|To Save the World
Author: ApocalypticDin PM
Many years down the line a man rose above all others with the intent of saving the world from disaster. They dubbed him the "Peacelord", and he sought to build a world worth being proud of. Then came the "Warlord", who scoffed at perfection and stood in the way of his plans. War looms on the horizon between those pursuing paradise on Earth, and those who simply wish for liberty.Rated: Fiction T - English - Sci-Fi/Fantasy - Chapters: 6 - Words: 16,539 - Reviews: 6 - Follows: 1 - Updated: 08-27-12 - Published: 07-26-12 - id: 3045191
|A+ A- Full 3/4 1/2 Expand Tighten|
A/N: This initial chapter seeks to set the primary factions of this story's setting. My plan is not to have an continual narrative between chapters, but for each one to be a separate vignette within the same "world". There is, of course, room for wandering on this concept and we'll see how long I'll keep it up. This intro pretty shamelessly cribs some theatrical and philosophical elements from my previous story "We Will Have Peace", but that ended much more conclusively and I wanted something similar I can play around with more. Thanks for at least finding the summary interesting enough to give the story a click, and I assure you should you not find the contents to your liking I shall harbor no ill-will against you, beyond cursing your wretched existence every waking moment for the rest of my conscious life. Here we go...
Tale 1: Trust Not In Princes
From the top of the world, or what seemed like it in the rather confined walls of the lonely skyscraper he rarely ventured from, the Peacelord gazed up into the nuclear radiance of the sun. He knew it was not good to do so, and at first his eyes had stung and watered and begged for diversion, but now they settled into a kind of comfortable gaze as though they had developed a callus in much the same way well-worked fingers might. As he watched he pondered why that star even bothered to rise over this forsaken land anymore. He had enough trouble rousing himself from bed in the morning, and his vision was comparatively constrained by locality. The sun, however, had to haul its way across the sky each and every day, illuminating the entire travesty below for its no doubt weary perception. It must have had an extraordinary amount of restraint to not simply do away with the whole rotten planet.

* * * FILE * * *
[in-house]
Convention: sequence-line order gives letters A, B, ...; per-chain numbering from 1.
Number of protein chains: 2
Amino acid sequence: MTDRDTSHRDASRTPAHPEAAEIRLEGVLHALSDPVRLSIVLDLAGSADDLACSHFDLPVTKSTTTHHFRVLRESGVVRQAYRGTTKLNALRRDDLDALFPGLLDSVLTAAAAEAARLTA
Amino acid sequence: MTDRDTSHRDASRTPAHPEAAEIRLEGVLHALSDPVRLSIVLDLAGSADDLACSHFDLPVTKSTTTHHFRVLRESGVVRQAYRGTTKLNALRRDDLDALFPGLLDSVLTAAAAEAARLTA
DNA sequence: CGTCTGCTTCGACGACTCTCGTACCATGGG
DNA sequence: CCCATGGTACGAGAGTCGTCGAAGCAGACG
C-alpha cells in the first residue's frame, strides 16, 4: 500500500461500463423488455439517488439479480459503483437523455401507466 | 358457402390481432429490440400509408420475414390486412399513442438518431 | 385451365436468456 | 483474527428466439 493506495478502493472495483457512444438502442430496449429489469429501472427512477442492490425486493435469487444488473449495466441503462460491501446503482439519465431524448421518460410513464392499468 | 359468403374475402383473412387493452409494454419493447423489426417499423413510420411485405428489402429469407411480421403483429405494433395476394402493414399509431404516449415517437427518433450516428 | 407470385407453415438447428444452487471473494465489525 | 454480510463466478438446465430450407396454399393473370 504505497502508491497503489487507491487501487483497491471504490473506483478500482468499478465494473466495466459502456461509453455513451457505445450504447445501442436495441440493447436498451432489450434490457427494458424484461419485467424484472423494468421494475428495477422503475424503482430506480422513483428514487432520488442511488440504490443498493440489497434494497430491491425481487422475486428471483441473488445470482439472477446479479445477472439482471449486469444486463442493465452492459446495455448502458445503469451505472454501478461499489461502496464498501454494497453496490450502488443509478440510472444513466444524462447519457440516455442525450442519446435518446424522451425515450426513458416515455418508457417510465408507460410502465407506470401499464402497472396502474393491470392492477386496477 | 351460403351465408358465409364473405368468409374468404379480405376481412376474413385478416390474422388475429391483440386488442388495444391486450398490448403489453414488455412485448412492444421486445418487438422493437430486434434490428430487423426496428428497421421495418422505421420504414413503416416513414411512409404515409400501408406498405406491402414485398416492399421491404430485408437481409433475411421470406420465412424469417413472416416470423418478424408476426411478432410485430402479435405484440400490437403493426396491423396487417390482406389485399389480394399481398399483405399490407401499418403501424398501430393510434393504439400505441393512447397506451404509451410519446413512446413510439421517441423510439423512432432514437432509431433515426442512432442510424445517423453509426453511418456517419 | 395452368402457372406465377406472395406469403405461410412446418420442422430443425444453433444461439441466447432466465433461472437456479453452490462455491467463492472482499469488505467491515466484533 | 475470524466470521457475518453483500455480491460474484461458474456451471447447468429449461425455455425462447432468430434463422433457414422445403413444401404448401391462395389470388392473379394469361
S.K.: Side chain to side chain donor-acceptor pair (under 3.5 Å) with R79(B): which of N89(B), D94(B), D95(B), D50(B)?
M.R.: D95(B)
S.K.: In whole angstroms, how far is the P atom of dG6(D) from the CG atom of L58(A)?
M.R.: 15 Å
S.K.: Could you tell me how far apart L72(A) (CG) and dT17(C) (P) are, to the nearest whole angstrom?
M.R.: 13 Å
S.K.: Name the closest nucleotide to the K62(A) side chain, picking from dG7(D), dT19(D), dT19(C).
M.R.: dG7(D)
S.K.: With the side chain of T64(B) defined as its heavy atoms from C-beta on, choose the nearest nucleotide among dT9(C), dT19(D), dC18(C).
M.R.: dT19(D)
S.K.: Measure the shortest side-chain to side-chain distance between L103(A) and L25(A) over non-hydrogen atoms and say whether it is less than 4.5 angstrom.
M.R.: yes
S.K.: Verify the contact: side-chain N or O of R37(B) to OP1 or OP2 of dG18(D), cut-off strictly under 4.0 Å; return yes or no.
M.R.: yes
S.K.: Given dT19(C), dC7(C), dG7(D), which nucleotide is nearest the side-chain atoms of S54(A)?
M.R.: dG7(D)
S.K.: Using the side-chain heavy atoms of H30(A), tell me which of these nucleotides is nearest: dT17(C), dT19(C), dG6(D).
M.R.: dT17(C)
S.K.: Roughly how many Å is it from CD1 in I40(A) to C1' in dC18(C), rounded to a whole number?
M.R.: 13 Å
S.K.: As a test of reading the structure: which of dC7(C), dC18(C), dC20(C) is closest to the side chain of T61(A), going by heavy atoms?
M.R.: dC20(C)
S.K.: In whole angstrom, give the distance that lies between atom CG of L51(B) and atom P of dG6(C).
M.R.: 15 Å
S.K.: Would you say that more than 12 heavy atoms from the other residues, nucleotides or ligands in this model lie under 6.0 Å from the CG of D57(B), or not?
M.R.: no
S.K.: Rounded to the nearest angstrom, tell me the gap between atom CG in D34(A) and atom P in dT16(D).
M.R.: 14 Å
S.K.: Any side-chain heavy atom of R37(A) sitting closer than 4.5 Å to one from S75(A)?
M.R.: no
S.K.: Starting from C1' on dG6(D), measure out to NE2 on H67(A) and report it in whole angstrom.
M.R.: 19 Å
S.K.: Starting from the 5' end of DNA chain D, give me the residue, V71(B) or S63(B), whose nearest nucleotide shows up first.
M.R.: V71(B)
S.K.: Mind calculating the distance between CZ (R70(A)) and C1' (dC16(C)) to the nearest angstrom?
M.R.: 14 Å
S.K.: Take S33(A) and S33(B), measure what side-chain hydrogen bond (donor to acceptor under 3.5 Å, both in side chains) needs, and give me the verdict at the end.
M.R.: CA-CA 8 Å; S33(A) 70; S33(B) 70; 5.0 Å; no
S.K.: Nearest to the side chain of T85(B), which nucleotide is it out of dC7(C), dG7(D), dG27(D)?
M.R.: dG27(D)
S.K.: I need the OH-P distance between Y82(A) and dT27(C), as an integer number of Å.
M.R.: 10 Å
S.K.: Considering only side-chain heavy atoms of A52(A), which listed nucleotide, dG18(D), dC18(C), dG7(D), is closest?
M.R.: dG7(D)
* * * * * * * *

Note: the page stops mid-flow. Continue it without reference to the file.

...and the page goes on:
From the days of his youth the Peacelord dreamed of giving that sun a grand spectacle to behold, for it to rise on one morning and find all the pain and suffering expunged from the world. His whole life, in his eyes, was lived for the single purpose of making this dream a reality, in the same manner that a child may strive to please his father. He didn't truly expect the sun to acknowledge his accomplishments, of course, but it provided him motivation, serving as a sort of cosmic overseer who kept him forever diligent.